During my brief experience in the hotel business, you come to understand the most common complaints are noise complaints. Some of those complaints were easy to solve, like a sports team being overly celebratory about a victory, and some of them are a little more delicate, like a couple being overly, ahem, amorous.
One time, a man in a room on the side of the hotel facing a highway complained about the traffic noise. He was from a very rural area and had a hard time sleeping even though the road itself was a good 20 yards away from his window. I suggested he put the fan on in his AC unit to drown out the noise and that seemed to work.
The point is that we all have different tolerances. We all feel the heat or the cold differently, and we all have a certain level of noise we can bear before it officially crosses the line to annoying. I think about that man in the hotel who couldn’t abide even the relatively relaxed traffic levels on a busy road around midnight, and how he might cope in my own bedroom with it’s view over the Hanlon Expressway.
This is my long-winded way of queuing up a discussion about a recent series of motions brought by Coun. Rodrigo Goller concerning the reviewing certain bylaws. Specifically, the prohibition on backyard fires, noisy cars, and the sale and setting off of fireworks.
Goller said the review of these three was specially requested by his constituents, and my cynical mind could only immediately think one thing… There are a lot of people in Ward 2 that want to enjoy their illegal fire pits without the intrusion of loud vehicles and fireworks.
Now before you “at” me, let me lay out a few follow-up considerations.
First, going to the local park or fairground for *one* fireworks display is one thing, but when there’s someone in every park and open space in a one-mile radius setting off fireworks it’s hard not to feel like you’re under siege. This past Victoria Day, all that was missing was Tchaikovsky’s 1812 Overture.
As for the fire pits, City staff pretty much put the kibosh on that one at the council meeting with the recommendation of senior firefighting staff that letting people set fires in their backyard is not the best idea given current conditions.
So what about those noisy cars? The motion technically asked for staff to examine the use of noise cameras, which essentially operate on the same principle as red-light cameras; if a car passes by and it’s too noisy, the camera is activated and captures a shot of the license plate of the offending vehicle. Pretty simple, but there’s one issue: those cameras are not legally allowed in Ontario yet.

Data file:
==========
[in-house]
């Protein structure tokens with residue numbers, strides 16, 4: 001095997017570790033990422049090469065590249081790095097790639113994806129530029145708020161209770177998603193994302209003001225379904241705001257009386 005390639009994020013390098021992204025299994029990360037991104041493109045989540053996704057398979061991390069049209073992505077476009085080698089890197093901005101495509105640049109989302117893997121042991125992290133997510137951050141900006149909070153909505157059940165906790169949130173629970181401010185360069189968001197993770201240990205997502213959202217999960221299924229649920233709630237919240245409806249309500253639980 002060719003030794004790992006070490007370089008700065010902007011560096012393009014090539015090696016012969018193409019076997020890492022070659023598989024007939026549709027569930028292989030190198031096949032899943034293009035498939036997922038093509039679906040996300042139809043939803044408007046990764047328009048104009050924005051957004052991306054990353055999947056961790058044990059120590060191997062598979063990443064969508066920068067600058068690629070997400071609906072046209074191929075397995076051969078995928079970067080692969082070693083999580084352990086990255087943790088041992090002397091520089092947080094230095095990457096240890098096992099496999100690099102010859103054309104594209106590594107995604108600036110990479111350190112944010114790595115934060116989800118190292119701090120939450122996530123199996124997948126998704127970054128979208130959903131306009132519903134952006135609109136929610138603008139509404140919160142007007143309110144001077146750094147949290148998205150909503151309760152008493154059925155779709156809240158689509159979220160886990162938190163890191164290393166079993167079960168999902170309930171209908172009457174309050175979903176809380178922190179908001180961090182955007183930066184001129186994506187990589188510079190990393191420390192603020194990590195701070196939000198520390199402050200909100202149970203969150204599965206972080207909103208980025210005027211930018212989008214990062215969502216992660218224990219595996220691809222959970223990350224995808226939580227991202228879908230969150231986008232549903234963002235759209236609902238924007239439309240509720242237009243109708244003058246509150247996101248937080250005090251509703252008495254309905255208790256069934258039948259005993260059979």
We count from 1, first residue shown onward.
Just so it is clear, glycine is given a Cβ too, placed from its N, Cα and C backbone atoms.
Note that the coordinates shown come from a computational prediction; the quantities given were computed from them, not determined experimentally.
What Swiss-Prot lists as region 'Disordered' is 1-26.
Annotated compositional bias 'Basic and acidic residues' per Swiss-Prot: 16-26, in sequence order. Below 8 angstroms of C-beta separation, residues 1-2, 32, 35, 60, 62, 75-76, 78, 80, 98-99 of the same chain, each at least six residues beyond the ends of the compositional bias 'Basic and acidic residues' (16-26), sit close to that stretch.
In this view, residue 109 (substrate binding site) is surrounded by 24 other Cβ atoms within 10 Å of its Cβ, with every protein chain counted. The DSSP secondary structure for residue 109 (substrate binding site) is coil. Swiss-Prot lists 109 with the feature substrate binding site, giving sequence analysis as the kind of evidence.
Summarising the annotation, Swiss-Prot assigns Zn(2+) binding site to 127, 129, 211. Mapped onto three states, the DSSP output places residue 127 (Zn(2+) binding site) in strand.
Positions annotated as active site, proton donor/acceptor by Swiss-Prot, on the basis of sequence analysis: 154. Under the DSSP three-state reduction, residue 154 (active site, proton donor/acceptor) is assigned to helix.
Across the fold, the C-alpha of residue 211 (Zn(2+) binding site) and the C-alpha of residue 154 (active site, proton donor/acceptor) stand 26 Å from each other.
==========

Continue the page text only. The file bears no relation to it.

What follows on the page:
That’s why the motion ratified at council a couple of weeks ago said that the mayor and staff should advocate for the cause and then initiate a review once the cameras are approved if staff decide to go that way. Given how long it took for Ontarians to accept red-light cameras as a form of speed control, I won’t hold my brief.
As for the advocacy piece, CAO Scott Stewart explained there’s only so much one-on-one time with the Minister of Transportation, and no offense to the anti-noise advocates, but if Guelph only gets 15 minutes with Caroline Mulroney at AMO, I want them to spend 14 minutes (allowing one-minute for pleasantries) yelling at her about the crap-tacular status of our regional transit options.
But that’s just the point, isn’t it? We keep nibbling at all these things – pollution, parking, sprawl, speeding, congestion and noise – and they all come back to the same cause, our love affair with the automobile.
Now this column, and its author, have no great love for the car or all the damage they've wrought to our culture, our environment and the way we plan communities, but this column has also tried to remind its readers that if you own a car and do all of your travelling in it, then you are also part of the problem.
I know you have your reasons, but so does everyone else, which is why these things never make any progress. You want more people to use transit, but you don’t want to be one of them. You want there to be fewer cars on the road so that we dedicate less space to parking, but you want to have as much space as possible in your own yard for all the cars in your household.
It’s the same with the two areas that people want more action on, noisy cars and speeders. We can legislate all we want, but people are making the choice to speed, and they’re also making the choice to have a loud car. Sometimes that’s intentional, and sometimes that’s negligence, but it all adds up to the same thing, which is that people think driving a car is a right and not a privilege.
Don’t believe me? Look at how many times a week in the Guelph police media release where someone gets stopped driving a car when they’ve been prohibited to do so, it’s almost a daily occurrence.
I see people complaining about traffic calming – ballards, speed bumps, raised medians, barrier curbs – but I never see them complain about the root cause, too damn much speeding! I never seen any self-analysis, “Have I been speeding?” I never see any proactive action, “I will make an effort to use a car less and walk more. Or take transit.”
I won’t deny that cars are generally noisier now, I have a proverbial ton of anecdotal evidence from outside my own window, but can we nag each other to the point where we get better behaviour out of drivers? Are noise cameras going to make people change? Does the threat of getting a parking ticket make people follow parking rules better now?
The answer is no, and in a world where nobody wants to change, nothing ever will. The problem isn’t the noise, it’s that no one thinks they’re to blame for it, and a ticket from a camera isn’t going to change that.